Brussels, 28 May 2004
The European Renewable Energy Council (EREC) has claimed that 50 per cent of the world's energy supply can come from renewable energy sources by 2040, but that new policy measures, including additional support for research and development (R&D) are required in order to make this happen.
'Direct public spending on research and development in the energy sector in industrialised countries should be increased significantly,' states the EREC's 'Renewable energy scenario to 2040'. The report also calls for a rapid shift away from the support of fossil fuel energy and nuclear fission R&D.
Much of the technology is, however, already available, and the report therefore urges the construction of the necessary infrastructure. Ending subsidies to conventional energy sources, the establishment of targets, awareness raising and the ratification of the Kyoto Protocol are also highlighted as prerequisites to meeting the Johannesburg target of increasing renewable energy supply to 50 per cent of total supply by 2040.
'Renewable energies will secure the world's energy supply system in the next decades. There is no viable alternative,' says President of the EREC, Professor Arthouros Zervos. 'If combined with the improvement of energy efficiency, renewable energy can provide everything conventional energy sources currently offer in terms of energy services: heating and cooling, electricity and transport.'
According to the EREC scenario, which is described by Professor Zervos as neither a prediction nor a forecast, but an indication of how the future could unfold, biomass will be by far the largest contributor to renewable energy by 2010, providing the equivalent of 3.1 million tonnes of oil in a year. Next will be photovoltaic systems, with equivalent of 784 tonnes, and then wind energy.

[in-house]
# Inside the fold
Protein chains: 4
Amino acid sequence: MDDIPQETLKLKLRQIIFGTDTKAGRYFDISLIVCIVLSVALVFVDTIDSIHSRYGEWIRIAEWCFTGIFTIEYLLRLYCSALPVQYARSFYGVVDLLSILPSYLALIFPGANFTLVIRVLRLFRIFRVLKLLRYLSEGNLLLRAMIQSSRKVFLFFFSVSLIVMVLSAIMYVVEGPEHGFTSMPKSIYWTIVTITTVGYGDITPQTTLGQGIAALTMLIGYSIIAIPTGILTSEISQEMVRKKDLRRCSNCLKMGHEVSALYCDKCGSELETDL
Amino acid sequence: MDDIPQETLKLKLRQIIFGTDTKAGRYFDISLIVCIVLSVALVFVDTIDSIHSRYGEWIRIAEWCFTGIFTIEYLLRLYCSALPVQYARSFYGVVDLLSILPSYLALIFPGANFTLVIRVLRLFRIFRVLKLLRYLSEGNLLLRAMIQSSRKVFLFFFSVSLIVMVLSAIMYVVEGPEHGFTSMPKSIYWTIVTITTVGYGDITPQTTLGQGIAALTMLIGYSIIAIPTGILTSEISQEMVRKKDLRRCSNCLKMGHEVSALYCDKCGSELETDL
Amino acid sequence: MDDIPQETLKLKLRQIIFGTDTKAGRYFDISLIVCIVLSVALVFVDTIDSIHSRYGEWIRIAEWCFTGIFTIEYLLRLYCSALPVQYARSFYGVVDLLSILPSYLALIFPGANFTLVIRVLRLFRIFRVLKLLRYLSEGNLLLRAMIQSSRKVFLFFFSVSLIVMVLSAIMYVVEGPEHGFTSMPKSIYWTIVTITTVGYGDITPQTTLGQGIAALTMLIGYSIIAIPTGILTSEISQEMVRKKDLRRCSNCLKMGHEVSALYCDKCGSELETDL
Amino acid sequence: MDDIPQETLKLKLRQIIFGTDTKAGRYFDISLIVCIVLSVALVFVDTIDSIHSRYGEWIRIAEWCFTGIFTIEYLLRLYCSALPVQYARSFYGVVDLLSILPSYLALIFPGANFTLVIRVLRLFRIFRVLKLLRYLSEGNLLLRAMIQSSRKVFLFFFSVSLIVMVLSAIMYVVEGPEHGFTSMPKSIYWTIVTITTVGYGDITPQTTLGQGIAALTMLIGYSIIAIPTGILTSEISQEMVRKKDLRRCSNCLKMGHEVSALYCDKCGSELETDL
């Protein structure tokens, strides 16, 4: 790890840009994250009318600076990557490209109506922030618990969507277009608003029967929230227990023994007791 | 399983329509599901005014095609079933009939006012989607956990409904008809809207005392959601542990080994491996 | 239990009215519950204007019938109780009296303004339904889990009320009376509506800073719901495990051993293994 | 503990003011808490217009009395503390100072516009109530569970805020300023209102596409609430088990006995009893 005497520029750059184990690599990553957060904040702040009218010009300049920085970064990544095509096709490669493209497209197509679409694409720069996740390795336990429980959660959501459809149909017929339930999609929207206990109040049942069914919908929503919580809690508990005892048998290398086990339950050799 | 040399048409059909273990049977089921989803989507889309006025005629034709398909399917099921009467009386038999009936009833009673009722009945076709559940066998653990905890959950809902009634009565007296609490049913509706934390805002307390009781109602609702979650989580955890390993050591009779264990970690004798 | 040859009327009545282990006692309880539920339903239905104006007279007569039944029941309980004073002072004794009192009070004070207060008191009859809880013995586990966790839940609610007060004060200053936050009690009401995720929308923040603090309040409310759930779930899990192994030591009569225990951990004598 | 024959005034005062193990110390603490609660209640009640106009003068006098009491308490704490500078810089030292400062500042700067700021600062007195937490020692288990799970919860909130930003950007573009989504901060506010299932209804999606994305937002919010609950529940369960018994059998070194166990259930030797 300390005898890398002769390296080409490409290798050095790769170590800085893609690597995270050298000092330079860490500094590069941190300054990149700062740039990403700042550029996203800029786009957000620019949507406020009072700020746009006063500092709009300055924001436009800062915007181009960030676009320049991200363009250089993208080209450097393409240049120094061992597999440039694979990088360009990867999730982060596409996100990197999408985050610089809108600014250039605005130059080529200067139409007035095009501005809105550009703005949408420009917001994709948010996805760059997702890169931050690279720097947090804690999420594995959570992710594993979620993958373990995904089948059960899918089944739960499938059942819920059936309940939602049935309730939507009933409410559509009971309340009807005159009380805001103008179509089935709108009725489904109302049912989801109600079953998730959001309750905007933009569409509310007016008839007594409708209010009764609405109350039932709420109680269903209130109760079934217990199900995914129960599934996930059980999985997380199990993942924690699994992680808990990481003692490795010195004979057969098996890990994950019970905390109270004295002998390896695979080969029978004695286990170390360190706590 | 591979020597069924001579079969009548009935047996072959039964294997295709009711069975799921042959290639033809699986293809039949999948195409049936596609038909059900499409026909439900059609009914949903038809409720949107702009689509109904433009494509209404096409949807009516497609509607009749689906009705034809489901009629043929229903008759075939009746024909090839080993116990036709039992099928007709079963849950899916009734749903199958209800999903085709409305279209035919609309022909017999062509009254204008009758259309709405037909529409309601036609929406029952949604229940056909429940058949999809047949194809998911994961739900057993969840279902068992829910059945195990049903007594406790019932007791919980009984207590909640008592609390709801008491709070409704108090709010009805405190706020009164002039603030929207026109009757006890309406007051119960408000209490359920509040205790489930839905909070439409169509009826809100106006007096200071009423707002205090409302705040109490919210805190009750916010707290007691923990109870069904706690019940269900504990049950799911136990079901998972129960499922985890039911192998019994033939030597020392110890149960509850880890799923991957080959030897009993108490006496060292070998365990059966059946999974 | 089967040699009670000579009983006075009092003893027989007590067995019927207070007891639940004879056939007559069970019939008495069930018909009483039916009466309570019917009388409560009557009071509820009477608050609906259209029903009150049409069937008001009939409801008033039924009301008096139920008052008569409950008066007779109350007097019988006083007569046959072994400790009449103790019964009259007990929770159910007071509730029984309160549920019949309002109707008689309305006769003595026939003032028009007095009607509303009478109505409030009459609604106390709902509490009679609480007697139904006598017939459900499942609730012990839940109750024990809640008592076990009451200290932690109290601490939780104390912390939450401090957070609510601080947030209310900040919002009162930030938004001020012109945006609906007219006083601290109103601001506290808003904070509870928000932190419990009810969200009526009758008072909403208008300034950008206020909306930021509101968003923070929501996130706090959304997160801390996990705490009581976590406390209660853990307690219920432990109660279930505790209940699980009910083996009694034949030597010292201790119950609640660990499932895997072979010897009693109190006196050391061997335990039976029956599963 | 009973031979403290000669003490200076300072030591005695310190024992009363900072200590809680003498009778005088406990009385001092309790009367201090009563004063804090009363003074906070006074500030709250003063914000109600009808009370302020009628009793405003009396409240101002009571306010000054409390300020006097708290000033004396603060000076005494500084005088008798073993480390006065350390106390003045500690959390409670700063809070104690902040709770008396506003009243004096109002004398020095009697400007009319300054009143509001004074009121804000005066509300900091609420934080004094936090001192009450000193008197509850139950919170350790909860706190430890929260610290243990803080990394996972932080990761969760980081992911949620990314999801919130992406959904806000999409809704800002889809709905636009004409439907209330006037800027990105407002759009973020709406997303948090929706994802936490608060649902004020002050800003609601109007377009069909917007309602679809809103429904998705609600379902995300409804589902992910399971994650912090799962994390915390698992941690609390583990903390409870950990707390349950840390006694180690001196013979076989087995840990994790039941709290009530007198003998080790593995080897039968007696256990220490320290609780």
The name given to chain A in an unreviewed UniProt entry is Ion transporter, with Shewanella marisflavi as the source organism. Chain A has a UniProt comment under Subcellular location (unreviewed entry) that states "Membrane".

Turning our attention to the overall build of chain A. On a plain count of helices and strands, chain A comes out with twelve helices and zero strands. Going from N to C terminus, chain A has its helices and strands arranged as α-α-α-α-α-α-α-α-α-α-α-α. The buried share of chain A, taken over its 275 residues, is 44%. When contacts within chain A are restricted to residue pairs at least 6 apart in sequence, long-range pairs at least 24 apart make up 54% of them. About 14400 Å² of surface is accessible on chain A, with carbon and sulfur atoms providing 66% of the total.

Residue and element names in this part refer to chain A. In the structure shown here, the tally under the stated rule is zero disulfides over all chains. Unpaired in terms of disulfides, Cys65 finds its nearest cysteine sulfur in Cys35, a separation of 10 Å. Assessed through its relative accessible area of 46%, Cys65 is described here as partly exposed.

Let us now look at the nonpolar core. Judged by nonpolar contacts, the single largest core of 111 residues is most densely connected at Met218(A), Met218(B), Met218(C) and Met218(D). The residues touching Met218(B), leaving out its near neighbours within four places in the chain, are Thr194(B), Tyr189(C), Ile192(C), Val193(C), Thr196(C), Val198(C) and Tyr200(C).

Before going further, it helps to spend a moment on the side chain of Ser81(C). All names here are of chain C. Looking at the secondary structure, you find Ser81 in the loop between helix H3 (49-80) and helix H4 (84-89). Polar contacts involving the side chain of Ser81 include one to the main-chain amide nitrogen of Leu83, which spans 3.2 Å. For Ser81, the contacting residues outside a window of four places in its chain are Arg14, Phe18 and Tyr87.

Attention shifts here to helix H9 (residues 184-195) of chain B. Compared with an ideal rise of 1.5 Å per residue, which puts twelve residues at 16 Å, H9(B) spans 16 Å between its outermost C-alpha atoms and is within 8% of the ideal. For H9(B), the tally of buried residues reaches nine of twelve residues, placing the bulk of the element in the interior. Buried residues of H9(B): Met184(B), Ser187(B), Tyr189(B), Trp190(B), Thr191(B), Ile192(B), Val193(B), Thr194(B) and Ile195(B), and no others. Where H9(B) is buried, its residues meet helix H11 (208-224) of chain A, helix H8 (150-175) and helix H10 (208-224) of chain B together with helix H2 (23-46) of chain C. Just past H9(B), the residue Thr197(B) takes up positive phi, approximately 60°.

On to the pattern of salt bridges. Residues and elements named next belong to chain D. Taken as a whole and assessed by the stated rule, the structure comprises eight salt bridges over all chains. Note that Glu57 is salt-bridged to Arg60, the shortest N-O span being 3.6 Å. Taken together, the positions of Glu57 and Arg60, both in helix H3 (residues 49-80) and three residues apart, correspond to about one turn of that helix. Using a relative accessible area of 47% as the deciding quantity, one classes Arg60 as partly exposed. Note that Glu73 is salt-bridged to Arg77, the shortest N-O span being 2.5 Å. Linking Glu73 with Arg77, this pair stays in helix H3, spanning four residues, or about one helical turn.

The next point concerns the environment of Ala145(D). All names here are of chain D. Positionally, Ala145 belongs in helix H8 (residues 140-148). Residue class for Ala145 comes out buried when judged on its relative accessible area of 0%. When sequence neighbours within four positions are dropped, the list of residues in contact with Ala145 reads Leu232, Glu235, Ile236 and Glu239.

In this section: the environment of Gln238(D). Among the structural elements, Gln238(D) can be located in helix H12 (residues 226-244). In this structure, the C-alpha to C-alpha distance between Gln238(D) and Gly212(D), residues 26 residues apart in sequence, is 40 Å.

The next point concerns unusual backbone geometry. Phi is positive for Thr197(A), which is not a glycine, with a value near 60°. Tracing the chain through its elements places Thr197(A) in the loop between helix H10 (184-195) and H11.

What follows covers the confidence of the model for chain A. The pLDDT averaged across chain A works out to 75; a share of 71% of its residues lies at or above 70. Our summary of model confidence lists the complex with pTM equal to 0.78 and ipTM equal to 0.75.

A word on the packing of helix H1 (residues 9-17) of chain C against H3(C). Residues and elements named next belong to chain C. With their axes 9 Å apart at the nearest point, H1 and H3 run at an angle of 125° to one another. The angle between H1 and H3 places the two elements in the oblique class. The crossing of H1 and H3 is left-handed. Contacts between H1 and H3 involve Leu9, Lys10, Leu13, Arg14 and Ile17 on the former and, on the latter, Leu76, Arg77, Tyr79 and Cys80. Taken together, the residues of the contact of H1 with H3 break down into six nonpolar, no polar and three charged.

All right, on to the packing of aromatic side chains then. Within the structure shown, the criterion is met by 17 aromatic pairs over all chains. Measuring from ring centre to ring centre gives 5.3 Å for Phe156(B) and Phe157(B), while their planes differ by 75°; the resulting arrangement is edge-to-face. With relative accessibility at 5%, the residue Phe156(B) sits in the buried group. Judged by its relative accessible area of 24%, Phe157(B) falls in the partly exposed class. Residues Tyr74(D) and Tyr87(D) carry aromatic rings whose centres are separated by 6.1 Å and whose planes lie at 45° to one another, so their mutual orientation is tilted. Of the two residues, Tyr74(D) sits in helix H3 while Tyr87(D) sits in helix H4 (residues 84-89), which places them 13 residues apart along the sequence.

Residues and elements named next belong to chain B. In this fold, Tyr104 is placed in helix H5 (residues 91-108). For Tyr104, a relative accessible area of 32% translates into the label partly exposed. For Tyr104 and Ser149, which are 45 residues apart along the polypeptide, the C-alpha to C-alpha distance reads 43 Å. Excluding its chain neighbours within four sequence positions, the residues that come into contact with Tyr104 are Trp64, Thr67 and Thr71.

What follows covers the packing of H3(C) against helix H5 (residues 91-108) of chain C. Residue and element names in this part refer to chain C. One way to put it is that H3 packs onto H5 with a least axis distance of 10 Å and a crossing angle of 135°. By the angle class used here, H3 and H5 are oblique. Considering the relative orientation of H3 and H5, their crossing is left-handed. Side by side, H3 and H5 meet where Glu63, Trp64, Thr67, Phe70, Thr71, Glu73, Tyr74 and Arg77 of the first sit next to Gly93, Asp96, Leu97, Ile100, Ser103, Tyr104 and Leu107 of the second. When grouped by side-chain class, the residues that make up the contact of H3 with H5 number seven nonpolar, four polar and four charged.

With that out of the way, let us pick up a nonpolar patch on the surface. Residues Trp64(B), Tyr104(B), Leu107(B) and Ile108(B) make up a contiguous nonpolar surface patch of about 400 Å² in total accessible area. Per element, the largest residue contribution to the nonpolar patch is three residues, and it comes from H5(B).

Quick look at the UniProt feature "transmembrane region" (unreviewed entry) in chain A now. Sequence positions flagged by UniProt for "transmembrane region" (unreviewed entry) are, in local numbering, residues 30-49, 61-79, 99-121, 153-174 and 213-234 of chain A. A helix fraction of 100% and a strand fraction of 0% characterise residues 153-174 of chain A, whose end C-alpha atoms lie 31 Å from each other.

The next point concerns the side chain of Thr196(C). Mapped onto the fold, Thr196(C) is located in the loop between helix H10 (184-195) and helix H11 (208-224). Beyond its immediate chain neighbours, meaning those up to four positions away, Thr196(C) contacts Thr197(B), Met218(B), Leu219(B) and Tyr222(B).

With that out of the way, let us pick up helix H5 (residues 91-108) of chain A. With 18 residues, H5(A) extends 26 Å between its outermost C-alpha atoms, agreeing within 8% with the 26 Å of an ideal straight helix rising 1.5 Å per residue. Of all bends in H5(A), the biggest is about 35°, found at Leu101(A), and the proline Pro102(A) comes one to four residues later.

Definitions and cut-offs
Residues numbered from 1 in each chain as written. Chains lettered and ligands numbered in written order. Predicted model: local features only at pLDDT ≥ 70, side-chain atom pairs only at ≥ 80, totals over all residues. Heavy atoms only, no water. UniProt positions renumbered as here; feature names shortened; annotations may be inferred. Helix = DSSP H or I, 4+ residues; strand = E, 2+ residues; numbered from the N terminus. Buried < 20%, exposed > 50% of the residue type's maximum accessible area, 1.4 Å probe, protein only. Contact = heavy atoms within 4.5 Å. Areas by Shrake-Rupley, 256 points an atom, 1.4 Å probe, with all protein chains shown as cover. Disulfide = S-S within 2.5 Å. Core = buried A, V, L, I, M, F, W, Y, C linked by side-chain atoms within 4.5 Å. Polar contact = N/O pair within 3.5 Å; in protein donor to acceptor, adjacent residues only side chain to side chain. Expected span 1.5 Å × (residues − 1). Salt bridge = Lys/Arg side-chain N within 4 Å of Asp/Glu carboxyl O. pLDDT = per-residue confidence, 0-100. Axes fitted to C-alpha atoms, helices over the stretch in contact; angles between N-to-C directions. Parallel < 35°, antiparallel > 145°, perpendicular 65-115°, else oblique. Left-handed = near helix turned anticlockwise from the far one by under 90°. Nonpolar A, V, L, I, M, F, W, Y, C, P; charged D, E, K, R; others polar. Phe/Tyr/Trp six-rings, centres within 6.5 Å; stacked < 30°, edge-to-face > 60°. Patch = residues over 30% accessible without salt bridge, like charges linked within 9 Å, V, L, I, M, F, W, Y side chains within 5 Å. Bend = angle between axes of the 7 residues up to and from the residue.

The EREC expects some renewable energy technologies to grow faster than others over the next 20 years, but that these will then face a significant reduction in terms of market growth. 'Others still need some years to breakthrough, but will then, mainly due to cost reductions or technical innovations, grow quickly and steadily.'
The document will be presented at the international conference 'Renewables 2004', to take place in Bonn, Germany, from 1 to 4 June. Environment and development ministers are expected to attend, as well as officials from the United Nations. They will be joined by representatives from other international and non-governmental organisations, as well as representatives from civil society and the private sector. To access the EREC report, please visit: http:///www.erec-renewables.org